The first woman to serve on the U.S. Supreme Court says there's a serious problem with the government in Washington and many other states: They elect their judges.
The first woman to serve on the U.S. Supreme Court says there’s a serious problem with the government in Washington and many other states: They elect their judges.
Retired Justice Sandra Day O’Connor spoke Monday at a Seattle University Law School conference. She told a sold-out audience that threats to judicial independence are rising exponentially as more and more money pours into judicial races around the country.
O’Connor advocates a system by which nonpartisan commissions select judges based on their merit. At the end of a judge’s term voters could decide whether to retain them.
Washington state Chief Justice Gerry Alexander served on a panel with O’Connor at the conference. He said that even though he was almost defeated in an expensive election in 2006, he says he supports the current system because such elections are a tradition here.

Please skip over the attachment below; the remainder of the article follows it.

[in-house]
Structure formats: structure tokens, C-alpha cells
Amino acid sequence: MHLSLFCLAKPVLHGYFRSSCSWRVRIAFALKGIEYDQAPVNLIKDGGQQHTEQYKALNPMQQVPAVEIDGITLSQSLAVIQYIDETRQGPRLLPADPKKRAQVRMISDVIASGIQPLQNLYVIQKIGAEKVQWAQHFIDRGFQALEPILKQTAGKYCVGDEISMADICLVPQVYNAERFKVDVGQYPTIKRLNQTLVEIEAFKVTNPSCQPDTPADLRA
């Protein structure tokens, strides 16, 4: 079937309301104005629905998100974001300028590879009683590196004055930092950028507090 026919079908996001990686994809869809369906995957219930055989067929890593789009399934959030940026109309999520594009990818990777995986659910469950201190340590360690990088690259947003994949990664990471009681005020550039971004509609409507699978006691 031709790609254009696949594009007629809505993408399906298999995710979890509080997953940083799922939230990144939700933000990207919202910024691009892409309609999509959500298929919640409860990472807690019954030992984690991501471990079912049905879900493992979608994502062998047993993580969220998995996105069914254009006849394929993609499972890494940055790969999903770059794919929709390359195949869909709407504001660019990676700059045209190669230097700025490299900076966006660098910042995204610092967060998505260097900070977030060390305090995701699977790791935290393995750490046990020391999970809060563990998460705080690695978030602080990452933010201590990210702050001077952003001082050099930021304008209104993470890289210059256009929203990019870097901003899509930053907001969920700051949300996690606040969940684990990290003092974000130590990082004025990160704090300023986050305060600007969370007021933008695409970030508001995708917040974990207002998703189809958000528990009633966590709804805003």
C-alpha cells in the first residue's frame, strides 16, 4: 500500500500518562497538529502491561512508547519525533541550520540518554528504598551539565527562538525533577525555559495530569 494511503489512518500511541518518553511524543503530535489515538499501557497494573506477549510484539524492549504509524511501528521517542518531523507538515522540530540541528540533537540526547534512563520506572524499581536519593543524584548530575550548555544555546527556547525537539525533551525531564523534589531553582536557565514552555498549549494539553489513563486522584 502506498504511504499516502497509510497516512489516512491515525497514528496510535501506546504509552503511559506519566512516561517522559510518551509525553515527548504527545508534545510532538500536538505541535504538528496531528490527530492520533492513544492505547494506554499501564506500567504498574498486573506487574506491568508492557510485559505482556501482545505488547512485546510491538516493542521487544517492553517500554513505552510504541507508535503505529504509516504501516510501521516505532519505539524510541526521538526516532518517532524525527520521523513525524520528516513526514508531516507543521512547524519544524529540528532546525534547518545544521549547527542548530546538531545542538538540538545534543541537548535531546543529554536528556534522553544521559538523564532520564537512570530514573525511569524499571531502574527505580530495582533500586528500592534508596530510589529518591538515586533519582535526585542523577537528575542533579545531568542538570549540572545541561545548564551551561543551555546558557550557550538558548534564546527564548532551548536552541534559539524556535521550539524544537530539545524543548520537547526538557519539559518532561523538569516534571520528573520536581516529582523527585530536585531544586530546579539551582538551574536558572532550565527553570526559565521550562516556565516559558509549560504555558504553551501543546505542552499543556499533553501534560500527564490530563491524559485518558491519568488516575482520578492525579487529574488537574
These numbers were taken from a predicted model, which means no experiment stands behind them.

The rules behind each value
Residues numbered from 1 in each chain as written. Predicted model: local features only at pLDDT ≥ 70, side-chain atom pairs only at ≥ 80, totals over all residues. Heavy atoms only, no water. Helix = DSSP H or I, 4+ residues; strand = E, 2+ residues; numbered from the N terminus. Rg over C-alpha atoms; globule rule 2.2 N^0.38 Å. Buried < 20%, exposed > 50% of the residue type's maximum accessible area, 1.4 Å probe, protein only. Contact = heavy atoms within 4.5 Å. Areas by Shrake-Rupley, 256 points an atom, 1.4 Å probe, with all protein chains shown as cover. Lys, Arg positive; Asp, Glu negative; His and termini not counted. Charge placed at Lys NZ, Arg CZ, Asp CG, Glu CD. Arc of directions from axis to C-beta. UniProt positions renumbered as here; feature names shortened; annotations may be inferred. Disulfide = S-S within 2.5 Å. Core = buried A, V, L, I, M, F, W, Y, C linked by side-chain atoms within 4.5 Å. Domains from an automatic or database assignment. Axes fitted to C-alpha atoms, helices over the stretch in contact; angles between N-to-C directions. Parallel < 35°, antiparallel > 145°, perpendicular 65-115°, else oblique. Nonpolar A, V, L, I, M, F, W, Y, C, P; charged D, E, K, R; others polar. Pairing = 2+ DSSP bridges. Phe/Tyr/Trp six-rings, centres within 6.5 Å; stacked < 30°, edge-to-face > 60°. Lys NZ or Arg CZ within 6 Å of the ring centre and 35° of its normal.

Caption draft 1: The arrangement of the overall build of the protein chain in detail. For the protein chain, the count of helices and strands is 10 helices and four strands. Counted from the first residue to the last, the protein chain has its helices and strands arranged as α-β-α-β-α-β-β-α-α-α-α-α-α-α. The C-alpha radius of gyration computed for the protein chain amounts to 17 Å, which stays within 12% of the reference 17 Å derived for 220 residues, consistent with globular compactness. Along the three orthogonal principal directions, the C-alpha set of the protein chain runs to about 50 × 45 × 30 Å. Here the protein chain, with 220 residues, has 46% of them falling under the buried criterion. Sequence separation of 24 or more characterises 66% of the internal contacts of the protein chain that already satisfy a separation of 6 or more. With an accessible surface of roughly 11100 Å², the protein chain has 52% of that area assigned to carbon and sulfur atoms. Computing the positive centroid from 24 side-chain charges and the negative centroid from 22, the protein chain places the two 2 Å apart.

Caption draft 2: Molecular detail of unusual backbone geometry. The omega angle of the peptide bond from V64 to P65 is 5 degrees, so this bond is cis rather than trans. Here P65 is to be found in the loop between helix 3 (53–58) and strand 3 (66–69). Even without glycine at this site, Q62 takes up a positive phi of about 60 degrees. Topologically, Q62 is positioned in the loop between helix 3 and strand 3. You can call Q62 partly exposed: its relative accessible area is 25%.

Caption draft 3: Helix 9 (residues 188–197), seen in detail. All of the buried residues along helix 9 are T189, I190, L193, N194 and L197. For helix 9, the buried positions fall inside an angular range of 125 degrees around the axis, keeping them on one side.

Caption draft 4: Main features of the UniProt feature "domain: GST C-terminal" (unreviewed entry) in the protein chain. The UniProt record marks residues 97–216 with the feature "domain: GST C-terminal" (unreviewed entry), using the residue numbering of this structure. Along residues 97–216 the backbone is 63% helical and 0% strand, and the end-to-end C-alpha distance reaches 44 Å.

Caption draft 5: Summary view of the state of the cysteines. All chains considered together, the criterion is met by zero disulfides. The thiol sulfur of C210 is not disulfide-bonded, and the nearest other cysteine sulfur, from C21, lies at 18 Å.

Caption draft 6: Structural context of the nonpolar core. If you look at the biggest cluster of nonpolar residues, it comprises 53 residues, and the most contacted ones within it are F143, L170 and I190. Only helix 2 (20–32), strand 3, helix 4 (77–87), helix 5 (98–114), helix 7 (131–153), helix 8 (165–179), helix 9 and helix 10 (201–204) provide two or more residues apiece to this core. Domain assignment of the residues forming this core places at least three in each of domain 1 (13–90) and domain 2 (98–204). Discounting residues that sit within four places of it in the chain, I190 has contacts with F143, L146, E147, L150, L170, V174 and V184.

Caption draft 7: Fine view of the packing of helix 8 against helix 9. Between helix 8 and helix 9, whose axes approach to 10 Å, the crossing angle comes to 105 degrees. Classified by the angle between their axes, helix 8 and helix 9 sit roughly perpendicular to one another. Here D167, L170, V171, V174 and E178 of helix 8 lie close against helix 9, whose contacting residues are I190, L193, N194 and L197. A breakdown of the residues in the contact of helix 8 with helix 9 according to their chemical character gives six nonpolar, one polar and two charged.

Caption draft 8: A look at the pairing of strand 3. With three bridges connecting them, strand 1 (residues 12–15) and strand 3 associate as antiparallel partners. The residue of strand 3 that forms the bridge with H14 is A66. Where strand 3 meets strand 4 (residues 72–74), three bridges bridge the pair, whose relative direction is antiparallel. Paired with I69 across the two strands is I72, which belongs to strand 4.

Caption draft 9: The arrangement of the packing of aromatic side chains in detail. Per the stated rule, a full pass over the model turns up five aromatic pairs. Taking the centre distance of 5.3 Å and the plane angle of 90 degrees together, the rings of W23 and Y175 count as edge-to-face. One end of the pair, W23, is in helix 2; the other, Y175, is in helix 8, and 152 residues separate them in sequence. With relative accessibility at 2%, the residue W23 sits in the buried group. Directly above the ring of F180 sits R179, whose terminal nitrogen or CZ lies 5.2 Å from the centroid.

- 2 killed, half-million lose power in Seattle-area windstorm
- Jack Zduriencik’s M’s legacy: More than 3 dozen departed managers, coaches, scouts, staffers
- High winds stall firefighting efforts, fuel Tunk Block, Lime Belt fires
- Wet weekend ahead, with high winds and heavy rain expected
- Seahawks’ third exhibition game may be a dress rehearsal, but it does have significance